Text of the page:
aTV won't work with university network?

Discussion in 'Apple TV and Home Theater' started by tanderson11, Jan 4, 2014.

  1. tanderson11 macrumors member

    Jul 21, 2010
    So I just got my Apple TV for christmas, and i love it. But at my university the apple tv's don't work with the network we have here for some reason. I called tech support and they said that the apple network and university networks don't work well together so it won't let me connect to the university network.

    Is there a way around this, to hack it somehow or how about setting up a personal hotspot through my iphone/ipad to connect it through instead of going through the university's network?

  2. mpantone macrumors 6502

    Mar 20, 2009
    A lot of university IT departments block video streaming devices like AppleTVs, Rokus, Google TVs, whatever.

    Buy your own Internet access if it means that much for you.

    Your fellow students shouldn't have to foot the bill for this unless the school can provide general availability of the network bandwidth necessary for a large number of students to enjoy this sort of privilege.
  3. westrock2000 macrumors 6502a

    Oct 18, 2013
    Not at all uncommon. They are probably trying to keep system traffic down and block out commonly known ports.

    You can look into private VPN's. You would need to use a computer as the gateway and then plug in the ATV to the computer. This service sends all the data through a tunnel that exits the Internet somewhere else.
  4. tanderson11 thread starter macrumors member

    Jul 21, 2010
    How easy is it to set up a VPN through my computer?

    Do y'all know if it would work using LTE through my iPhone if I tethered it that way?
  5. chrfr macrumors 604

    Jul 11, 2009
    There's no reason it wouldn't work, but be aware that you'll blow through any sort of data cap in no time at all.
  6. jav6454 macrumors P6


    Nov 14, 2007
    1 Geostationary Tower Plaza
    Setting up a VPN on the Apple TV is not easy and I don't think its even possible. Regardless, your easier way out of the University network block is to pay for your own internet line from a service provider like Cox, Comcast or AT&T (U-Verse).

    Yes, using LTE via Hotspot feature in the iPhone will work. However, each movie is around 2GB at minimum (assuming 480p) and on the HD movies each one weighs no less than 3.5GB (at 720p). This means any average data cap you have will be blown in one screening.
  7. tanderson11 thread starter macrumors member

    Jul 21, 2010
    Yeah, well it'd be perfect for me using my phone since I have unlimited data then, eh? I have an iPad as well but I wouldn't use that due to the limited data.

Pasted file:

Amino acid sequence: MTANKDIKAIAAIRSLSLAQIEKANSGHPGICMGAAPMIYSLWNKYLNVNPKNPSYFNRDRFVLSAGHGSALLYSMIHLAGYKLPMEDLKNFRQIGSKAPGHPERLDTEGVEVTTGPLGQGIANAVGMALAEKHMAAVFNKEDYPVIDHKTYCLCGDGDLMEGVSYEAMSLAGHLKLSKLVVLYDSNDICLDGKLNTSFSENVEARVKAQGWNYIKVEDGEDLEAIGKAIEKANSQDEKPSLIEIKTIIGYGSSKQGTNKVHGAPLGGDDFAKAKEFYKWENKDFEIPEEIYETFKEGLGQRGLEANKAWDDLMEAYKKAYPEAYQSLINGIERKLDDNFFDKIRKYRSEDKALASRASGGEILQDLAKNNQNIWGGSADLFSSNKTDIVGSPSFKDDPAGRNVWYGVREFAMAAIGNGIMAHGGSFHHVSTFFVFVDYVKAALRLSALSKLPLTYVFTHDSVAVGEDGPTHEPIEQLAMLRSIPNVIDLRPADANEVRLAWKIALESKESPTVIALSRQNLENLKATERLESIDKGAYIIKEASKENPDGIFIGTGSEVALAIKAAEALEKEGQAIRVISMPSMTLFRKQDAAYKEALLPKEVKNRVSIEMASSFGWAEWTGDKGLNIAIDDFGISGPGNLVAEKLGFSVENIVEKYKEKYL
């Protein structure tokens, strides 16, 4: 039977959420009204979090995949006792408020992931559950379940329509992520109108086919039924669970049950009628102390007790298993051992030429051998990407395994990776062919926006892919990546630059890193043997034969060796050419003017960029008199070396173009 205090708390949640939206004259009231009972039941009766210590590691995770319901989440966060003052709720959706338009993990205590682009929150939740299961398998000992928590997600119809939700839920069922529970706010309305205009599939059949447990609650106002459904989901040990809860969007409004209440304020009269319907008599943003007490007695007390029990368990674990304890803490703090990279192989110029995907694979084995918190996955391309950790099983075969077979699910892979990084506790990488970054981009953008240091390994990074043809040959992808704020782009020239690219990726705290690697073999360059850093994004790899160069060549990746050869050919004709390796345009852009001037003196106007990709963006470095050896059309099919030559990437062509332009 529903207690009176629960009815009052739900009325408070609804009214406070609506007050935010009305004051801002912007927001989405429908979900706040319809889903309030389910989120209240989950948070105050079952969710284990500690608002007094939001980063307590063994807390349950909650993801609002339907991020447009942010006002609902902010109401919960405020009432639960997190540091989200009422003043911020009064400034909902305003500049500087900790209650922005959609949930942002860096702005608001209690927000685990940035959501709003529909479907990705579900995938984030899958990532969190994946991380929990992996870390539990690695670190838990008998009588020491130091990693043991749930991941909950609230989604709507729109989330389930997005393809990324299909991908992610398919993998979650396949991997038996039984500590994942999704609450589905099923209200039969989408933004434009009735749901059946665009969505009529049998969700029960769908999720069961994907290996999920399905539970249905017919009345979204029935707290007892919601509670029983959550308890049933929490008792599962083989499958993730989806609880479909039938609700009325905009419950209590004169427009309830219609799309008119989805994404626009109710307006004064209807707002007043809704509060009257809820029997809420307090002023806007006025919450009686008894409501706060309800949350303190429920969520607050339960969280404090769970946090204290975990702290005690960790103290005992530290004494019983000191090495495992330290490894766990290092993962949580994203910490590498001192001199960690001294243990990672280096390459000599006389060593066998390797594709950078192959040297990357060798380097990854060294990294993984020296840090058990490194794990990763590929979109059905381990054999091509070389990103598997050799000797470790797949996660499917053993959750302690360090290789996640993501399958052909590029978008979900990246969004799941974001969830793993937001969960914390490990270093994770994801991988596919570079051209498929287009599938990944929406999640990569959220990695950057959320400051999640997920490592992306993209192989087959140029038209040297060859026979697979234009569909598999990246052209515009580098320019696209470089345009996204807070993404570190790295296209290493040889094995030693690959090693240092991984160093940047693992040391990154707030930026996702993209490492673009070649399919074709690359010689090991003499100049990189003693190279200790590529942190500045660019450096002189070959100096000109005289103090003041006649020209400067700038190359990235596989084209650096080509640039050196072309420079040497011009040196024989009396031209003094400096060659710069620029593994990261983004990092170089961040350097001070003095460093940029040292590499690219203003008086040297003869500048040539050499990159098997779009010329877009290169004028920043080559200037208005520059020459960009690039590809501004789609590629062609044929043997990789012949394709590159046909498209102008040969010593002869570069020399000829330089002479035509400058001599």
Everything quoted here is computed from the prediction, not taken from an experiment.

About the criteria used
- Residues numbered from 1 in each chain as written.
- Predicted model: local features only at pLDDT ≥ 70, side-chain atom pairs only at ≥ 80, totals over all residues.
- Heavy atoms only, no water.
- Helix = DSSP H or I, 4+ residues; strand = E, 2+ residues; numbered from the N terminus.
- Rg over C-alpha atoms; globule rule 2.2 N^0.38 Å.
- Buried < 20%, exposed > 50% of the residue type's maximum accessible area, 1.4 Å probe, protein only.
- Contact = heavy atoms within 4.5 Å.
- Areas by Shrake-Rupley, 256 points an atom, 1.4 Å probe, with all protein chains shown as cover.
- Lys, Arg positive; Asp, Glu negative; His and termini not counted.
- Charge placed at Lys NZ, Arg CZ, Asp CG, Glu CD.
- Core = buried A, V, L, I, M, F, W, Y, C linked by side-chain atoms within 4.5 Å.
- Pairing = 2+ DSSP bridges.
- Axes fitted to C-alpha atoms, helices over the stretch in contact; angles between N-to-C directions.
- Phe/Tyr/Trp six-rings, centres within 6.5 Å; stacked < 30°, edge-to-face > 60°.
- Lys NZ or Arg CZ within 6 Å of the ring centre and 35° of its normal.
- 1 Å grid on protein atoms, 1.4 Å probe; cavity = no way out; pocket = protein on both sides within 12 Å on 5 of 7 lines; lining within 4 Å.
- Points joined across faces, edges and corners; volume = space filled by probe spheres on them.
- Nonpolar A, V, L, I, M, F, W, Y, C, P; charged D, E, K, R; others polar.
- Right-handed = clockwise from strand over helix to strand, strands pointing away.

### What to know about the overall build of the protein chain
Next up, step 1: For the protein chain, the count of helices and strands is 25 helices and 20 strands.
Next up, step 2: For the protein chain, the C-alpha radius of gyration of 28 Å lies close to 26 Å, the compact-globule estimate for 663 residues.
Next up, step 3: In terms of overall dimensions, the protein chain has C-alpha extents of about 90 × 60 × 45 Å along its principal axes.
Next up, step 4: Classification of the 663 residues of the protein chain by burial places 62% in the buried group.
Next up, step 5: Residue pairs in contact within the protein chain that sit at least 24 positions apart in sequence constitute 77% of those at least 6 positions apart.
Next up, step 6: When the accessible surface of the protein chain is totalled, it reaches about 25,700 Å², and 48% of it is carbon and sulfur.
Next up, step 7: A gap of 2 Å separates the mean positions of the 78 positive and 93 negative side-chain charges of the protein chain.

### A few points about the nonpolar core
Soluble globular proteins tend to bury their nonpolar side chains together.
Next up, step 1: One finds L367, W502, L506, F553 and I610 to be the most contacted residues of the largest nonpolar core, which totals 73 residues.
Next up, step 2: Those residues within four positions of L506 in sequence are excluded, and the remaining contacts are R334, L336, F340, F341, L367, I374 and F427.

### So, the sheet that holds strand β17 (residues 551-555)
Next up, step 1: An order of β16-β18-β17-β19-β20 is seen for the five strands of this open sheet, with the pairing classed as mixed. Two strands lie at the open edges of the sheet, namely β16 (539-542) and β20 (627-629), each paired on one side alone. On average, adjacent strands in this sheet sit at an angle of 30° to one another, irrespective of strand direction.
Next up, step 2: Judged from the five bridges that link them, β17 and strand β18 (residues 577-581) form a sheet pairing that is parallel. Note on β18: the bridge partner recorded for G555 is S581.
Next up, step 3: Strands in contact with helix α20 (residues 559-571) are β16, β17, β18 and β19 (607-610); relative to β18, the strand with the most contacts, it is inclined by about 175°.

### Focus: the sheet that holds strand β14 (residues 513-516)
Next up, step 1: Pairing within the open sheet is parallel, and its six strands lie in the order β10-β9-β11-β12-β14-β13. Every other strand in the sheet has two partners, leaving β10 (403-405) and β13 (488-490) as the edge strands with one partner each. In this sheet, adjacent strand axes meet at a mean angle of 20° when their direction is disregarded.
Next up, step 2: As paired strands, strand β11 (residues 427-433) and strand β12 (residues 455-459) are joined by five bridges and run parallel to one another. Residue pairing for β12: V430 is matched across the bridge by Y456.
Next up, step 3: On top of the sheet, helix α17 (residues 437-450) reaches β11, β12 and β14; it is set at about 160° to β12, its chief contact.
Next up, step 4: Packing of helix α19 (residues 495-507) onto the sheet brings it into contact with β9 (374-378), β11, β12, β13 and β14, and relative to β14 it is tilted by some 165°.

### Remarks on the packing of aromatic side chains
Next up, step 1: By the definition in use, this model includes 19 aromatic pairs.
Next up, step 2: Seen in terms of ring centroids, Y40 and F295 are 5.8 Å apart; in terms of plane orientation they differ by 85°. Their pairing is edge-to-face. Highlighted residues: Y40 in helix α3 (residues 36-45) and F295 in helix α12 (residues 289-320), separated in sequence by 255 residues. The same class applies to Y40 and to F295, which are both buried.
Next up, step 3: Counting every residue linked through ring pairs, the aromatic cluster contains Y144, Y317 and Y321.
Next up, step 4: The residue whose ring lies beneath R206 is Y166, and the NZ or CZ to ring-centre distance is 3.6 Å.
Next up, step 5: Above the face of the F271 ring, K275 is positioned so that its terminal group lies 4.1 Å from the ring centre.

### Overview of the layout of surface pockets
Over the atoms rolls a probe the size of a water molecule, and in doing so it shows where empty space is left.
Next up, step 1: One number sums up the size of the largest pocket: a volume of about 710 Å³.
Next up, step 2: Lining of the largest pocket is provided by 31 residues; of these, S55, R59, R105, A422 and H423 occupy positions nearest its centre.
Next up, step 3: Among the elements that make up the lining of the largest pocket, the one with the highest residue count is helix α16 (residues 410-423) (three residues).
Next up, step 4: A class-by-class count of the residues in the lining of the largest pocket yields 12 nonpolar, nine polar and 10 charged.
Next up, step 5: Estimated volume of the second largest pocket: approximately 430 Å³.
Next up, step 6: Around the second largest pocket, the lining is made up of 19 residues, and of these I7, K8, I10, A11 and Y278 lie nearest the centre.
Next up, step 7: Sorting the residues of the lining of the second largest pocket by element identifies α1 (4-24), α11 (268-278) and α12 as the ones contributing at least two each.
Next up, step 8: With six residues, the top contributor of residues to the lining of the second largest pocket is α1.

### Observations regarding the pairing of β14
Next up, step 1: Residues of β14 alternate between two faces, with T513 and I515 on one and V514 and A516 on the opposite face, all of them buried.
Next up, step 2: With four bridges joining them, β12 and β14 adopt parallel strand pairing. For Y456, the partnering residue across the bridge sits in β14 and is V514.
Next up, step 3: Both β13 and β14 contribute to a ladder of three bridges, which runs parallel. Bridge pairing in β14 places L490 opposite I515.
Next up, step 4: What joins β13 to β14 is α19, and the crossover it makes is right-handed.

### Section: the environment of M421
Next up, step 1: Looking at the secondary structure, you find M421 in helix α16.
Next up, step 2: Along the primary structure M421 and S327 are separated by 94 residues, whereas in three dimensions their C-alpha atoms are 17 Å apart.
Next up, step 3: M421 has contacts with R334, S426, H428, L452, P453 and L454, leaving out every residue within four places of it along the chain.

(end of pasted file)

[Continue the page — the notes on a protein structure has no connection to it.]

I'm not that desperate where i'd pay for my own internet here at campus.

    Thanks for the input guys!
  8. Dobbs2 macrumors 6502

    Jun 5, 2008
    I remember when I was at my university some years ago that it required a web page login. Is that the case with yours? If it is I have a work around to help you.

    If you have a ethernet jack you wire the mac and then share the connection wirelessly.

    Or you can buy a router stem it up and plug it in to an available ethernet jack and broadcast your own private network. I did that in college as well, but I only left the network up when I was using it and turned it off when in class, work, vacation. I made sure that it was also password protected.
  9. ecschwarz macrumors 65816


    Jun 28, 2010
    I would go in person and talk with someone from your campus IT department - most schools have enough bandwidth and throttle it on a per-connection basis so that you aren't hurting your fellow students. Also, you may not even be able to get internet in your room from a random ISP - many campuses run their own phone systems if there are even jacks in student rooms.

    The router method could work, depending on how secure your campus network is, but I'm guessing that they block devices that can't show a web page by default (usually some sort of login) and that would also prevent a router from working. In most cases, devices like an Apple TV can be added on a case-by-case basis, much like video game consoles.

    You might need to explain what an Apple TV is (or even use a Roku or other streamer as an example). As far as the device itself goes, it shouldn't cause any problems on the network any more than a computer or video game console. I suspect the person you spoke with just assumed it was an AirPort device, and those can (like any router) cause problems with a network if they start assigning IP addresses upstream.

    In other words, stop by and ask, be polite, and don't necessarily act like you're entitled to having it connected. Good luck!
  10. ThisIsNotMe Suspended

    Aug 11, 2008
    Custom DNS, try it.

    Better solution would be to just get a router and use that.

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